The first whisperings of Nelson Mandela were filtering through word of mouth. Our community knew of him but no-one knew him more than a political agitator who deserved to be in prison, the head of the African National Congress, and a very dangerous man, responsible for the multitude of bombings happening around the country. The closest I came to experiencing this was one Saturday evening, when I was working at Steers restaurant in Durban. A bomb went off in the nearby Garfunkel’s restaurant. A sickening ‘boom’ shook our building, followed by screams, moaning and people wandering around dazed, with broken shards of glass stuck in their bodies – blood, dust and chaos everywhere. Sirens followed, and we were told to stay indoors.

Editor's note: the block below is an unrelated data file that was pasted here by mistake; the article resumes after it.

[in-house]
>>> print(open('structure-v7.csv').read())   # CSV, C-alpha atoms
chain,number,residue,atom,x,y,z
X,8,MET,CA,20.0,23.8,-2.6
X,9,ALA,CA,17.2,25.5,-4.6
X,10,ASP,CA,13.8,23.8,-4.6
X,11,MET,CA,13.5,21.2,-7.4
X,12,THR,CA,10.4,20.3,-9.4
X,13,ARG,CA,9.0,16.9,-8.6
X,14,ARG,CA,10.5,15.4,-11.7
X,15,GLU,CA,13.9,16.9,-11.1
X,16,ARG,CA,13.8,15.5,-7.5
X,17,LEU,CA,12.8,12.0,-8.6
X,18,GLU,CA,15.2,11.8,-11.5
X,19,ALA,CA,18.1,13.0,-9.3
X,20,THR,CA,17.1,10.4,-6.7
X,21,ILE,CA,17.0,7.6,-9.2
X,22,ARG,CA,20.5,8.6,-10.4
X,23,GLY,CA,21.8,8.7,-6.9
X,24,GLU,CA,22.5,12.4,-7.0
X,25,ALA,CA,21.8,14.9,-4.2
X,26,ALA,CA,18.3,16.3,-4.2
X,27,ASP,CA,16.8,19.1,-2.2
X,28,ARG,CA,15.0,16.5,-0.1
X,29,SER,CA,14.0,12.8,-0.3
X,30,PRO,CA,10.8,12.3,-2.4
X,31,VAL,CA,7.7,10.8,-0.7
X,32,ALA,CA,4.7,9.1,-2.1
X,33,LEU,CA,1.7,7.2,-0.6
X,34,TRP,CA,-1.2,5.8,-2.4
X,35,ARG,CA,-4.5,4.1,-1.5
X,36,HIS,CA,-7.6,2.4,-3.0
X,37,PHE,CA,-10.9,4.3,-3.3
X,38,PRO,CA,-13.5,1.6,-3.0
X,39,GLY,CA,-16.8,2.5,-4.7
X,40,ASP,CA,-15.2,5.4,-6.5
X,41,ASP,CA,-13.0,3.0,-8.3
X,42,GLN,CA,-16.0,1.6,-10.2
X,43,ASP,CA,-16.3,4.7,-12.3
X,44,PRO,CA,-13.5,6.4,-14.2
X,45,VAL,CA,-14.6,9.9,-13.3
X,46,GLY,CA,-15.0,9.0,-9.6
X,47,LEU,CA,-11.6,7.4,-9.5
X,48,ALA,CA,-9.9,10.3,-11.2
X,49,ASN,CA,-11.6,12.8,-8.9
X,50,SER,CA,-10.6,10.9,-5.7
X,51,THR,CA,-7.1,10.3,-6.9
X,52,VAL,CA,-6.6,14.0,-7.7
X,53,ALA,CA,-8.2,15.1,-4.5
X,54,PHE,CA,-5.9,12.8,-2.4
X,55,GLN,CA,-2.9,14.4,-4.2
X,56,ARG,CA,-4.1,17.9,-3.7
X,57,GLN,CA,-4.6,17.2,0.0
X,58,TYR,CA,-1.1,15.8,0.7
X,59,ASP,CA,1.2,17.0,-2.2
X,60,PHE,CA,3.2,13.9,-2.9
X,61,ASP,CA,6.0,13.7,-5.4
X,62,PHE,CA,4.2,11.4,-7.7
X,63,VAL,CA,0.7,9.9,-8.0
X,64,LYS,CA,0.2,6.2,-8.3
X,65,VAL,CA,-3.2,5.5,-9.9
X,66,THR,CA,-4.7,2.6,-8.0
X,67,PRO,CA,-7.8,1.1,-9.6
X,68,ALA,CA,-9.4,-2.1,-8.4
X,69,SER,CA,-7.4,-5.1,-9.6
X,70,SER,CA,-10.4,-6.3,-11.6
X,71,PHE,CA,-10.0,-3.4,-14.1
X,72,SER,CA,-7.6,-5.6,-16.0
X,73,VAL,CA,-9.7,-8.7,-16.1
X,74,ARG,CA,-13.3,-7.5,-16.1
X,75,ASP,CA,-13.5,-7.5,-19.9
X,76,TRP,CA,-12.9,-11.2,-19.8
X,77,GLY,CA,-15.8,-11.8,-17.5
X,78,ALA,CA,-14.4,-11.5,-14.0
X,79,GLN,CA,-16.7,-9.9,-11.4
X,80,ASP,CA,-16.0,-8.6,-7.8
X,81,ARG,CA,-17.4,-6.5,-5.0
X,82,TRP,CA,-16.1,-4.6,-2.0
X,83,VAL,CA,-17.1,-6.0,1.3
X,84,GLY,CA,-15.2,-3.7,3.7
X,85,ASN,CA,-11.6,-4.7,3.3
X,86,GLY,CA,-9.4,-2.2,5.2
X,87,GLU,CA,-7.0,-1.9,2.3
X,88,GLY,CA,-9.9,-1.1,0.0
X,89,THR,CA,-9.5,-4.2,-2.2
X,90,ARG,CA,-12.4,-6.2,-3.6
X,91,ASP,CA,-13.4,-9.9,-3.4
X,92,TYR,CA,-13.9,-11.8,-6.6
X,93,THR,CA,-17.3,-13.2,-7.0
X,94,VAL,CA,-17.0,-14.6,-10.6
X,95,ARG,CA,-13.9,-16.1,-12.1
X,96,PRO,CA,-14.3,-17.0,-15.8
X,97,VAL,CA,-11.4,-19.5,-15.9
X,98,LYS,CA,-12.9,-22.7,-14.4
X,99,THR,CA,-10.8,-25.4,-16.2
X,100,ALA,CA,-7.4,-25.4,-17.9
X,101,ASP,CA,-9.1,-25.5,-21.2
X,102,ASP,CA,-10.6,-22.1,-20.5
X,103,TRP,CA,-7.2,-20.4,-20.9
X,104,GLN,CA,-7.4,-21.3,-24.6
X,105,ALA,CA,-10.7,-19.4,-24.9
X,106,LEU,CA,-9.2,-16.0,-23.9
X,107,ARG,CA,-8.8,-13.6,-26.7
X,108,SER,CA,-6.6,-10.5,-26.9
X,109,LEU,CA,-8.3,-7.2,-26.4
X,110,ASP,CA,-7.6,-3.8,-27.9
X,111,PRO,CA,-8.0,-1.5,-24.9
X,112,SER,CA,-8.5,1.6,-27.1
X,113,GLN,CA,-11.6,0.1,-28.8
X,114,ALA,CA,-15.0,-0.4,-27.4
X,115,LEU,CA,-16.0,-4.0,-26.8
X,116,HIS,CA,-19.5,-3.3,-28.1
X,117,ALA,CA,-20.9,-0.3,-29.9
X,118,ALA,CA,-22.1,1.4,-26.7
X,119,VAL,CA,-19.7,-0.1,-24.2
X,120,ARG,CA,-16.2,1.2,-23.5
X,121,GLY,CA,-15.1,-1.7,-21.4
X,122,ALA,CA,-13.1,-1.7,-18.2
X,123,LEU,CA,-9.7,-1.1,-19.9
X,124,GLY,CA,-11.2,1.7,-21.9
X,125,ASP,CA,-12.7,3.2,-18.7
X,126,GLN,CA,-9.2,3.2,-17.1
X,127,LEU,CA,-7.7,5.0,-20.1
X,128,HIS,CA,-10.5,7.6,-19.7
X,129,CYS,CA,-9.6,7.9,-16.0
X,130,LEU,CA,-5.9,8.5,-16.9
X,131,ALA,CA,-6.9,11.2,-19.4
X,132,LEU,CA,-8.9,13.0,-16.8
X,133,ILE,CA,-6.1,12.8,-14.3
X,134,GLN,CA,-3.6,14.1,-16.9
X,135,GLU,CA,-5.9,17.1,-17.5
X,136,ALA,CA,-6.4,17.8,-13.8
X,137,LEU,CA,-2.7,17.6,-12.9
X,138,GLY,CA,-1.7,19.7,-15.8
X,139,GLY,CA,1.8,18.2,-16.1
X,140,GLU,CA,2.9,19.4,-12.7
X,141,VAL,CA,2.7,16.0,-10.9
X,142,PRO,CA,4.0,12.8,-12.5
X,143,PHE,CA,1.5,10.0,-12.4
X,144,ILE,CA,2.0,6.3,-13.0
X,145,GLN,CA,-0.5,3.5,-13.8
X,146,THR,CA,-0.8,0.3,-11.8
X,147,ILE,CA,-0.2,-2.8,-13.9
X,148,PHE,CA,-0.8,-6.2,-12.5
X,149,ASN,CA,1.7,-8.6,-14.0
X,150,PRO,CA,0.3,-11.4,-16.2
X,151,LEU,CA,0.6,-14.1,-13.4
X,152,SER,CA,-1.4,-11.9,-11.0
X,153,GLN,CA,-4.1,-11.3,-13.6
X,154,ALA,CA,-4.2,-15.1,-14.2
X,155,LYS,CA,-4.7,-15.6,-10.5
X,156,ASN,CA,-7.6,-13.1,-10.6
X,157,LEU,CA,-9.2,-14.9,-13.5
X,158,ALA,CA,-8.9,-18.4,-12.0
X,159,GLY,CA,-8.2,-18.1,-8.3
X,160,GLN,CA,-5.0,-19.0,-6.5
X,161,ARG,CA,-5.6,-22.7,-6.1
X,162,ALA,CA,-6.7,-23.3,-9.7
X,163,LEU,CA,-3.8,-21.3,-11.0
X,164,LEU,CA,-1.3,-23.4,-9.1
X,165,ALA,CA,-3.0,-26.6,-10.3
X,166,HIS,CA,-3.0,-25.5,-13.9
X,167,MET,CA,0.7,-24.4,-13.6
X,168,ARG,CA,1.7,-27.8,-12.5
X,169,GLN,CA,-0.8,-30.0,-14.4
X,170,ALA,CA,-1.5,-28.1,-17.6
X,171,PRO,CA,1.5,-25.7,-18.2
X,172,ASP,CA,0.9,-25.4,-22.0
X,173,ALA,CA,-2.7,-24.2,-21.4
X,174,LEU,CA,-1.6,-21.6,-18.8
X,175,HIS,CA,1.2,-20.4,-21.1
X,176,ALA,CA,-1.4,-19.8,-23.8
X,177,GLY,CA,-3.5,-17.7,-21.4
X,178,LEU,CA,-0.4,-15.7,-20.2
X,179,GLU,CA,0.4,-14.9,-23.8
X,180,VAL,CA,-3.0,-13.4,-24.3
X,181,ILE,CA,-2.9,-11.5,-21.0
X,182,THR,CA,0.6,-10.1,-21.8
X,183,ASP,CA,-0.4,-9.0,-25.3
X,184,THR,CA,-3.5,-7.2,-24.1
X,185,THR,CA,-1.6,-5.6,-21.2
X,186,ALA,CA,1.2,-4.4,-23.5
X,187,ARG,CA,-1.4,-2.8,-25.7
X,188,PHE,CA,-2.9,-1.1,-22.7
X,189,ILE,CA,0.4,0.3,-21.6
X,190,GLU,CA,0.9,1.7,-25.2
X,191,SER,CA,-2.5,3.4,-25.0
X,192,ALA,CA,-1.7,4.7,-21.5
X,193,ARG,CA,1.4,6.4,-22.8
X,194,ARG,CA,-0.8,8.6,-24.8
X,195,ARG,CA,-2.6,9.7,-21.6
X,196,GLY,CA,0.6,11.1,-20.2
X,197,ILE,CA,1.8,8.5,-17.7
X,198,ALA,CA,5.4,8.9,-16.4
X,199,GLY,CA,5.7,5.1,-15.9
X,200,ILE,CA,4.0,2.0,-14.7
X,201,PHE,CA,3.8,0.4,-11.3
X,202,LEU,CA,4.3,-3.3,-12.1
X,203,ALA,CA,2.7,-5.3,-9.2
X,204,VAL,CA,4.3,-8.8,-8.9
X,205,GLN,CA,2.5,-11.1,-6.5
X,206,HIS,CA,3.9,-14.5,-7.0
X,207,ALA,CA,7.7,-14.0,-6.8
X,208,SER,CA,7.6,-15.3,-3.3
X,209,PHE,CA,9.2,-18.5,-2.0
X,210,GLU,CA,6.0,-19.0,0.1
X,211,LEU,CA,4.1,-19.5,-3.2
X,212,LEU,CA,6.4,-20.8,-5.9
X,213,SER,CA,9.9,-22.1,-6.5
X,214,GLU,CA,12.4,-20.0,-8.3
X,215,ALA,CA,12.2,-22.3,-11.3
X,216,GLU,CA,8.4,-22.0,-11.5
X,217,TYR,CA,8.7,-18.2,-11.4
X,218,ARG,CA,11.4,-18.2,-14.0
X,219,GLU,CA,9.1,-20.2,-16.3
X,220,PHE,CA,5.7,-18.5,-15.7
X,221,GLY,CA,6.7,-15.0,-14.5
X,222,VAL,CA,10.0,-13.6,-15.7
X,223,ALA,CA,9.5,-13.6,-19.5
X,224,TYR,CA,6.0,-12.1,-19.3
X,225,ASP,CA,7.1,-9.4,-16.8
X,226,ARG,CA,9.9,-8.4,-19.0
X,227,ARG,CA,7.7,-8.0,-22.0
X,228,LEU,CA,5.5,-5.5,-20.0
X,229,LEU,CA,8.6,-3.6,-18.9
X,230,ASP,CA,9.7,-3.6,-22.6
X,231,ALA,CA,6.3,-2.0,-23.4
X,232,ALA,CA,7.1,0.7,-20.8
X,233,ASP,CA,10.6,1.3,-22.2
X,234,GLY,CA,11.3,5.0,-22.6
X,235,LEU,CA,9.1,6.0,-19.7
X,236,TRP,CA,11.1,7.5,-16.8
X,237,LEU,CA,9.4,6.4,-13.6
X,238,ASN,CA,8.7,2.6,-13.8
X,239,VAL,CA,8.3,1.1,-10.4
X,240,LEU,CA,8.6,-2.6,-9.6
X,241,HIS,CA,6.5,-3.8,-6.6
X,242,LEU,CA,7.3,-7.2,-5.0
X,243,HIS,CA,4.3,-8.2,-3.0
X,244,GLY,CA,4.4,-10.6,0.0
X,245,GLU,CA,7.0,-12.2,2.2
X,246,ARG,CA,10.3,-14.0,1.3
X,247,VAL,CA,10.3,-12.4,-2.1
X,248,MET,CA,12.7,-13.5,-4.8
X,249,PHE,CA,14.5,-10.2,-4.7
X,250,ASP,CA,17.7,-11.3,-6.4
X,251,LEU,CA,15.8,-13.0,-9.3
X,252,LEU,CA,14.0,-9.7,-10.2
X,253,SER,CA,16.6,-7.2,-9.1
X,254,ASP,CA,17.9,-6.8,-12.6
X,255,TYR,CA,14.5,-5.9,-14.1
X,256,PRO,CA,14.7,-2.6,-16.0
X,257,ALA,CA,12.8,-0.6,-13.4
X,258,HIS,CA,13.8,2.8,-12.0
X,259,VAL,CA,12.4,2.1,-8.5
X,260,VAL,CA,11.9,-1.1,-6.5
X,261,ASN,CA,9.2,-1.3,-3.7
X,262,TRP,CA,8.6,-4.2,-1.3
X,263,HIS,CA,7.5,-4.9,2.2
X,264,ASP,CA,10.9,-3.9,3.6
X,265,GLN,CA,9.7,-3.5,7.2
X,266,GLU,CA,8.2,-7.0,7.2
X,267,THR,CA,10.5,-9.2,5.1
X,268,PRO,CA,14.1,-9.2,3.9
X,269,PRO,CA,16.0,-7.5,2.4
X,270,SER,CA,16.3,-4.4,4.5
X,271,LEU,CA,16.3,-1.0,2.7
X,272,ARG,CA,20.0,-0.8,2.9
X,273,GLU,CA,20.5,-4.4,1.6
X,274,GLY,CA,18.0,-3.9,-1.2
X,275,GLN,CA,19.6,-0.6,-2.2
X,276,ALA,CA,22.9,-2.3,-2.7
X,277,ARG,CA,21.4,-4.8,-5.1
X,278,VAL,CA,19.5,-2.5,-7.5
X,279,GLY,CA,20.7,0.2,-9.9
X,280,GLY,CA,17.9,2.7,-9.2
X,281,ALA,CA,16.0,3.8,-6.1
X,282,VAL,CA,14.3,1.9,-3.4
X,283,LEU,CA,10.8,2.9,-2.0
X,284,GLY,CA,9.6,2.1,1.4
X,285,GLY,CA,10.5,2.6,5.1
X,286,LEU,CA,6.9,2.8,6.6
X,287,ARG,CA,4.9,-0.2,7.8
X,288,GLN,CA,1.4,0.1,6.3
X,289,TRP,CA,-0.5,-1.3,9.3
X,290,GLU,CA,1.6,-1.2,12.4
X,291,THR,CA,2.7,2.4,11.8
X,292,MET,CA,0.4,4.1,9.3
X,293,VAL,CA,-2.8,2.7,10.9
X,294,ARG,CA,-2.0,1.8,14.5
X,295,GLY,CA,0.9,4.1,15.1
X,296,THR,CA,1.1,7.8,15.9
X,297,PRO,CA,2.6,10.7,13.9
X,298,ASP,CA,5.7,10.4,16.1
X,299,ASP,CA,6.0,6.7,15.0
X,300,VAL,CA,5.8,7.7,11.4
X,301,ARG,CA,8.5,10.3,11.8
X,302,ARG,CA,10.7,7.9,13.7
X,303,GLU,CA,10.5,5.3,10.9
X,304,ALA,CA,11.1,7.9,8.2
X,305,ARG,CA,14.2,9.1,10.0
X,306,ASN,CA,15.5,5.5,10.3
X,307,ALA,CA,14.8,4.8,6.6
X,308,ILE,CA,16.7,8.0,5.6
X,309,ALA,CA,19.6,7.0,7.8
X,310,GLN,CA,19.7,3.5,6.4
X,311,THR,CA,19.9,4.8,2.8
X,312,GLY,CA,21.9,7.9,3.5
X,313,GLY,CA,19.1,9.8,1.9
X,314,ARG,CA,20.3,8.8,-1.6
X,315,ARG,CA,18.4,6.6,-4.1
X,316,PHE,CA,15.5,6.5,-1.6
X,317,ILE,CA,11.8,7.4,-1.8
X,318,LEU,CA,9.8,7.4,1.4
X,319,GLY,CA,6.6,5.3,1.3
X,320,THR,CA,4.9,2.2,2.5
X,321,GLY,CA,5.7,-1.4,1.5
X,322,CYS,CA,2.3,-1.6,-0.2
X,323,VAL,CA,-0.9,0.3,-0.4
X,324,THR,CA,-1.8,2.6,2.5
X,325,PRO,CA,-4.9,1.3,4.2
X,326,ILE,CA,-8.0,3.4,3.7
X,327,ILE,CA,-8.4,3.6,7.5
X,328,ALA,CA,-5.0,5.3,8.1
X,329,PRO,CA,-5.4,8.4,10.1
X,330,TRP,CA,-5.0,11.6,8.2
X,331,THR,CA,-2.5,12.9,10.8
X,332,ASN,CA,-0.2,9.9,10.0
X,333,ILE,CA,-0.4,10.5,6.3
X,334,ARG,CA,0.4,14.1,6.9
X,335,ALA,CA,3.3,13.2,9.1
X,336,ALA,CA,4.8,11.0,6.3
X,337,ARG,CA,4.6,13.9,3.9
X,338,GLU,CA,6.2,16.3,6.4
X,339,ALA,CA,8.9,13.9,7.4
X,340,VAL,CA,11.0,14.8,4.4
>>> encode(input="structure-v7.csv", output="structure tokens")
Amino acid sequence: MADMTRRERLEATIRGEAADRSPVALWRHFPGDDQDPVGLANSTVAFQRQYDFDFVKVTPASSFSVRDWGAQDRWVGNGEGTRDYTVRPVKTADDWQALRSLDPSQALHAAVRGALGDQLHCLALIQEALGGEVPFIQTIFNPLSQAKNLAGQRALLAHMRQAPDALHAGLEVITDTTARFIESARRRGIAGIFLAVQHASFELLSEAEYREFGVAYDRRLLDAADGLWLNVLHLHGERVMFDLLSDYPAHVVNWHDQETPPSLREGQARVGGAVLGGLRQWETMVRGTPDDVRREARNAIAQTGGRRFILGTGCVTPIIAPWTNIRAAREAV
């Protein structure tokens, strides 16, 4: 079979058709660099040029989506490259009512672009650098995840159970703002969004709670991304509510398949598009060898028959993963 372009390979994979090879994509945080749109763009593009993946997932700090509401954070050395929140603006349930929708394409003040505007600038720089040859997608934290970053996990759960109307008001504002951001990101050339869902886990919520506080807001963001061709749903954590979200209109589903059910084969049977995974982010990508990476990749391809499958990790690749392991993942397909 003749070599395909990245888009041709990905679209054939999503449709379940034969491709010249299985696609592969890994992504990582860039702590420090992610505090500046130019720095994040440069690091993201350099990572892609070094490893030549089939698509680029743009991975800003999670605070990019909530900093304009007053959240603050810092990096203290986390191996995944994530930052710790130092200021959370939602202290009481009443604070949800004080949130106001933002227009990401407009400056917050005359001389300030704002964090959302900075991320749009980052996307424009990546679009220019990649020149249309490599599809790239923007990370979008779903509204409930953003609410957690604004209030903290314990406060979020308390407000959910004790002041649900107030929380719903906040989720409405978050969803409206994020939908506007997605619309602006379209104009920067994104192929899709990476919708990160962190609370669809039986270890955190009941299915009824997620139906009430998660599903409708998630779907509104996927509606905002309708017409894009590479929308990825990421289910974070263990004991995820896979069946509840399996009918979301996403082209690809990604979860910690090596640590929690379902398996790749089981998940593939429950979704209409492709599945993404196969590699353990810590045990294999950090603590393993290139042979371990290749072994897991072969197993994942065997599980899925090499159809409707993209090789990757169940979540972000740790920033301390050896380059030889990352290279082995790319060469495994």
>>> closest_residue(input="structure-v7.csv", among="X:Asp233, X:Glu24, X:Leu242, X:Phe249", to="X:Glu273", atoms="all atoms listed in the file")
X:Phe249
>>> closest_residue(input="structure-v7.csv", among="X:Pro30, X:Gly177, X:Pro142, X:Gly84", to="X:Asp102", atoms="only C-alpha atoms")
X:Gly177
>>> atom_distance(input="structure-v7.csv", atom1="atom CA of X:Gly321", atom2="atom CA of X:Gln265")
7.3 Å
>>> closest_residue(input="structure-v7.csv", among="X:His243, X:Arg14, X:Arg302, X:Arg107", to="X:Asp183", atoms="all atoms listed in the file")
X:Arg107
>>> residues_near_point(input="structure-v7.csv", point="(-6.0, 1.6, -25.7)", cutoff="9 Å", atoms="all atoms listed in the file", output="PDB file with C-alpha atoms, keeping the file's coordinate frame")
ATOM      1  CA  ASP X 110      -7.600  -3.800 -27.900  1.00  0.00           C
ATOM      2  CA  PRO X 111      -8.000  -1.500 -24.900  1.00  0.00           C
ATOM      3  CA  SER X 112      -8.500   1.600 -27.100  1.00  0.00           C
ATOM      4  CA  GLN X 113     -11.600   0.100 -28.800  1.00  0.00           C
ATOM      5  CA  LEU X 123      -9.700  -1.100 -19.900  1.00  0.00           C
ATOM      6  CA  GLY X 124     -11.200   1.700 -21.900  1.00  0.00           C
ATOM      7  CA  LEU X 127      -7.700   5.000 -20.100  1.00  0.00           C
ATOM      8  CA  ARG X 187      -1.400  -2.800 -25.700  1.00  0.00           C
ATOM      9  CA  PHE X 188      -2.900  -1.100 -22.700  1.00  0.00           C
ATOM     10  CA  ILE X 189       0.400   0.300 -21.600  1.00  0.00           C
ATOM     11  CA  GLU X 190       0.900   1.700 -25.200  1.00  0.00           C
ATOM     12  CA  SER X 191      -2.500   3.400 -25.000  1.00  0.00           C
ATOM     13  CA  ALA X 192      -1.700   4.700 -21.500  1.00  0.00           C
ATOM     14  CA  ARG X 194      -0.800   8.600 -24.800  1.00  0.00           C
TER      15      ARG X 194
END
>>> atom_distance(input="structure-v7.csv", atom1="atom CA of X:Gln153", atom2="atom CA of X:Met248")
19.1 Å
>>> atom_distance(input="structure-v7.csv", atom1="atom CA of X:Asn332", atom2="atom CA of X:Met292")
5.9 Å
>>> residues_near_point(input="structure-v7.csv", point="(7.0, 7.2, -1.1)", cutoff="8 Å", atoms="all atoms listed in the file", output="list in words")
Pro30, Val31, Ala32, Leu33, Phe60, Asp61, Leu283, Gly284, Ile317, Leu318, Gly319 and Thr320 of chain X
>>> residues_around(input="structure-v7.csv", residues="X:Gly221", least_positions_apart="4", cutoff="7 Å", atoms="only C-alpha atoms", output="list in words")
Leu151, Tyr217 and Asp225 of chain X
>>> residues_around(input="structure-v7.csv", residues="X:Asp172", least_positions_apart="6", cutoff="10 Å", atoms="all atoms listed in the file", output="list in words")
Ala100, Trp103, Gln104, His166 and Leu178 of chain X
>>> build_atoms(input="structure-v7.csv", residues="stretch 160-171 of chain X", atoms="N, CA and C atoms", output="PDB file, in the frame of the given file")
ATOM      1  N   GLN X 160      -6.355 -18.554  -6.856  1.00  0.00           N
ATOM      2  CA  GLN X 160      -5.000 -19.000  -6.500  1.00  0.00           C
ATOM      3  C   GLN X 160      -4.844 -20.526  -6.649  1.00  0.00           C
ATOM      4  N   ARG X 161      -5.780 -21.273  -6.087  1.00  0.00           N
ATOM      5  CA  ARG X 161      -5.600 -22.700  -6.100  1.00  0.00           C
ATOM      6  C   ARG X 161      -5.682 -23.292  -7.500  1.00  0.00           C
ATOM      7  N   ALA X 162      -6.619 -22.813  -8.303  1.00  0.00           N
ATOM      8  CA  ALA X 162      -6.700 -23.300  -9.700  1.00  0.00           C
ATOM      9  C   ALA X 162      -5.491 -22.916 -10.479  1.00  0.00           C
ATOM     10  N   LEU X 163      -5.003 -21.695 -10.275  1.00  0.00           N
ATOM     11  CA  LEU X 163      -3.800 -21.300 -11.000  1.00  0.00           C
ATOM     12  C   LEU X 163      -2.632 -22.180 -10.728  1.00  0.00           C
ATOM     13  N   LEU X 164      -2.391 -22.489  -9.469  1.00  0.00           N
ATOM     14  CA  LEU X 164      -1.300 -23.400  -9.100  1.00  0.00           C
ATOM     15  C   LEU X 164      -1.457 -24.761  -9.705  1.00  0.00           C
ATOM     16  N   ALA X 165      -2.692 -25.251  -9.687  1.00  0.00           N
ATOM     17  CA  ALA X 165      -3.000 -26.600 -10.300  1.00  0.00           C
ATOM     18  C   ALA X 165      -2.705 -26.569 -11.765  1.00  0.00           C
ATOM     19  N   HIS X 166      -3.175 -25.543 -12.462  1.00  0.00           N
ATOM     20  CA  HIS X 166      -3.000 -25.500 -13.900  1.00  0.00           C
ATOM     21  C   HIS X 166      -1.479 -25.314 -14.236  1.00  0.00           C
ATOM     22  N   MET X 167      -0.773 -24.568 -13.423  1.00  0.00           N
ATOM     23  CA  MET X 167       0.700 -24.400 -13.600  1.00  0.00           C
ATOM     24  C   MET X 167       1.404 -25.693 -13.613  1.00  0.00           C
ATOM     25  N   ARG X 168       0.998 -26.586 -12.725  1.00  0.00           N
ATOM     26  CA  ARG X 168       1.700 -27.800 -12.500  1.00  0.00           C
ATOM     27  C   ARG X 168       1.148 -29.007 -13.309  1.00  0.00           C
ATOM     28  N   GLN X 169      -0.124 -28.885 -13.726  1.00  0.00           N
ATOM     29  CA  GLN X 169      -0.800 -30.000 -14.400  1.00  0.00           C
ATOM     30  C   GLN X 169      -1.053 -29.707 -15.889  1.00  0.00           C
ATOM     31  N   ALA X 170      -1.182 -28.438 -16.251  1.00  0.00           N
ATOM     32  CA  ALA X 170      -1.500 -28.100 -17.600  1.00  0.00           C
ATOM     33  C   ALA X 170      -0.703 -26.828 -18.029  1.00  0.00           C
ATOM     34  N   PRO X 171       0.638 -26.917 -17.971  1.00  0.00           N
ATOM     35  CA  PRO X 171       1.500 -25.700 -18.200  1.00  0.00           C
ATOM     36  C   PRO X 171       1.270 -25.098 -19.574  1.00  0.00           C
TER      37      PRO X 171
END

It was only when I travelled overseas shortly after that, that I really got to see the inequalities in my own country through a sharpened lens. There was a deep resonance with my values wherever I saw separateness was not present. It was suddenly clear how the power balance in my country was not what it should be, and seeing how people of all colours and creeds can work, and live side by side, in peace with each other.
Upon my return, my community was filled with fear for our country’s safety, and the future of our nation. When the day came, for Mandela to walk free from Victor Verster prison, some even said it was the beginning of the end.